In order to get into Federal Court, the petitioner must have exhausted all state remedies. This means that the petitioner had to present all her claims of federal constitutional violations (the only claims that will hold up in federal court) to the highest court of the state, here – the California Supreme Court.

Then, the petitioner must file the federal habeas petition (and all the other necessary pleadings and documents) within one year of finality in the state courts. The innocent petitioner is unable to present an actual innocence claim on the merits in federal court. The reason is because of Title 28 U.S.C. §2254’s requirements – we have a few choices but actual innocence is not one of them. We need to show that the state’s denials of her claims were contrary to clearly established federal precedent or the application of that precedent was unreasonable. In other words, her federal constitutional rights as stated by the United States Supreme Court were violated, and the state court did nothing about it. She can still argue actual innocence to show the violations did not constitute harmless error (the second hurdle in any attempt to overturn a conviction).

In my client’s case, the main claims are ineffective assistance of counsel. Under the Sixth Amendment, a defendant in a criminal case is entitled to effective assistance of counsel. In Strickland v. Washington (1984) 466 U.S. 668, the United States Supreme Court held that ineffective assistance of counsel occurs when the attorney’s performance falls below an objective standard of reasonableness. My client’s trial attorney’s performance fell well below what is reasonably expected of a criminal defense attorney. That ineffectiveness requires reversal because had these errors and omissions not occurred, a different outcome was reasonably probable (because there were viable defenses and she was innocent!). Id.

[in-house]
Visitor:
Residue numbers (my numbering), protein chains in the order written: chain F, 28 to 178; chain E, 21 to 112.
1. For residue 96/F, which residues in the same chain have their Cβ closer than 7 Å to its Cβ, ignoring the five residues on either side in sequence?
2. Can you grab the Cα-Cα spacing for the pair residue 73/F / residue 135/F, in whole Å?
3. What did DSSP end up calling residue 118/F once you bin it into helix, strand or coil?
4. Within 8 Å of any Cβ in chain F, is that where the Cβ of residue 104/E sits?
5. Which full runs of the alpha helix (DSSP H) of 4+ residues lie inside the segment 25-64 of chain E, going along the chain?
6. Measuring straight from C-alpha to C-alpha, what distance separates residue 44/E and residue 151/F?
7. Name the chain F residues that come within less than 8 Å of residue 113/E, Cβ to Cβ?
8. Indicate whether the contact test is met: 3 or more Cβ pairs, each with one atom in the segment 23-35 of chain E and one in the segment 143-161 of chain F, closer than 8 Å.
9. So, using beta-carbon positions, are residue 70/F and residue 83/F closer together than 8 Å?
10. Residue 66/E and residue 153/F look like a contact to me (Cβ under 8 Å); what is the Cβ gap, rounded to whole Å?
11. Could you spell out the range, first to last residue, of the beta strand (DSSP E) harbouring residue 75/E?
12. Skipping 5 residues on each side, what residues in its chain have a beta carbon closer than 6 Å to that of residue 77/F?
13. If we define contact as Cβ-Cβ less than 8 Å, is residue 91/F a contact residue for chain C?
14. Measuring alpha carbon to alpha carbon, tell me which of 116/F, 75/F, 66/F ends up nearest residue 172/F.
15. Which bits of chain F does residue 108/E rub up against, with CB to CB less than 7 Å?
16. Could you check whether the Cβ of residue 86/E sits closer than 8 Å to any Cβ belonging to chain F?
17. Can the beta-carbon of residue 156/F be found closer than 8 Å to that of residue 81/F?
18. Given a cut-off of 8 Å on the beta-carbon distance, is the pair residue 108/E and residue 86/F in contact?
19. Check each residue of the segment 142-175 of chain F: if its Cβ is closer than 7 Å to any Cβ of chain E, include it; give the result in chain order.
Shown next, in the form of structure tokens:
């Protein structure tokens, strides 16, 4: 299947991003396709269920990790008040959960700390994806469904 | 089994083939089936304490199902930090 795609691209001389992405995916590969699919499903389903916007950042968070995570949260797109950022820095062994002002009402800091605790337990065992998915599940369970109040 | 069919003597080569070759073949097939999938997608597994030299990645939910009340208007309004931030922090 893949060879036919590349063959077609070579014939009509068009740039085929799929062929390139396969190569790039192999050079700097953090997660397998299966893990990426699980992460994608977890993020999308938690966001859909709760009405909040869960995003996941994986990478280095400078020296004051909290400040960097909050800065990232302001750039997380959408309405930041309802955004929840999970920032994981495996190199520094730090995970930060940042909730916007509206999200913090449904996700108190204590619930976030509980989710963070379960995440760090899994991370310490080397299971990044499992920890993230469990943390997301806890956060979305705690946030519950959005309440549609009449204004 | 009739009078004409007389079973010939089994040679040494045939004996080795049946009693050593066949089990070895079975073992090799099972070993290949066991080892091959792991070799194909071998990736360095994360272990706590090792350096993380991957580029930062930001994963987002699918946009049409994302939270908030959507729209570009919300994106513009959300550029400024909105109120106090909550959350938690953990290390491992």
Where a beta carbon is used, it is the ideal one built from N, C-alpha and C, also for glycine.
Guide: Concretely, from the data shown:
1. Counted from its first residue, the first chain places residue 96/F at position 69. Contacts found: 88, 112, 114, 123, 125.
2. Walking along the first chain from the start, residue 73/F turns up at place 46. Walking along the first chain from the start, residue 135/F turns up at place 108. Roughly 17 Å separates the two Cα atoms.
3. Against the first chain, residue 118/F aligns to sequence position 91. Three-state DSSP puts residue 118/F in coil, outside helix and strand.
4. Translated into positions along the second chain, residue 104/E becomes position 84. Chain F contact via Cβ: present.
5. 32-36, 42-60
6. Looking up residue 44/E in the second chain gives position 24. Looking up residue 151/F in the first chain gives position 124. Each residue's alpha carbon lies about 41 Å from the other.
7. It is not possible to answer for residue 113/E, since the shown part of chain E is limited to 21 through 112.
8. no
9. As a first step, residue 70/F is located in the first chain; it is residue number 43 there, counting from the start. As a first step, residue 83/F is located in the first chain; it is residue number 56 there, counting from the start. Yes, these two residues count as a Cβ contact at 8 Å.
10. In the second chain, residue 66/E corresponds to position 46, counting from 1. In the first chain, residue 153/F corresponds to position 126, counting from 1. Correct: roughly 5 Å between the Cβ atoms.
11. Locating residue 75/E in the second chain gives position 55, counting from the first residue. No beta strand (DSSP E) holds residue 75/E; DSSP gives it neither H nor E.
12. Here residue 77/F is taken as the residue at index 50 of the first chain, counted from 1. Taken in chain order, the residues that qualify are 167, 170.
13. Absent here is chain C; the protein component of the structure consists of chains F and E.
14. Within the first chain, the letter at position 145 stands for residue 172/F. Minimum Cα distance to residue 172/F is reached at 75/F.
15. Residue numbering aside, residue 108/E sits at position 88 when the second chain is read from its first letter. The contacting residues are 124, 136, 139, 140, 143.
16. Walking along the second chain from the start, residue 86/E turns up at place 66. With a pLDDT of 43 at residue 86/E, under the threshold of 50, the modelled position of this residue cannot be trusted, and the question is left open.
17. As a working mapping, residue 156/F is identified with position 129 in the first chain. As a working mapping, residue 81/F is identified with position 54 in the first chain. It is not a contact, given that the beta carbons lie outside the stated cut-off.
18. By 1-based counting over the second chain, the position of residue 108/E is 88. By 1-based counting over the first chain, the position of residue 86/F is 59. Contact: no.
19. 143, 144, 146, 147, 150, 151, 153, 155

If you are charged with a crime, be careful who you hire. Make sure you research the attorney and talk to other lawyers as well. Find out how many trials they have done, and what kind. Find out if they have a plan to challenge the state’s evidence. And if along the way, your gut tells you something is not right, get another lawyer before it’s too late. Not all lawyers are created equal. I cannot tell you how many calls and emails I have gotten from people who had trial lawyers who just did the bare minimum – no investigation, no pre-trial motions, no preparation, and seemed to just not care. Sometimes those clients are innocent, and the battle to right the wrong is long and often disappointing. Even though a client can file a petition for writ of certiorari in the United States Supreme Court, the Court hears only 1% (if that) of what’s filed every year. That is a longshot. The Court really only take cases that impact the entire country, for good reason. It’s rare. So the United States District Court seems to often be the final battle for freedom (at least in the courts) for an innocent client.

About the Author

Lara J. Gressley

Lara Gressley

Lara Gressley has been an attorney for over two decades. She focuses her practice on criminal defense, DUI defense, and writs and appeals in state and federal court, and has worked on cases before the United States Supreme Court. Lara also lectures lawyers across California on various criminal defense topics.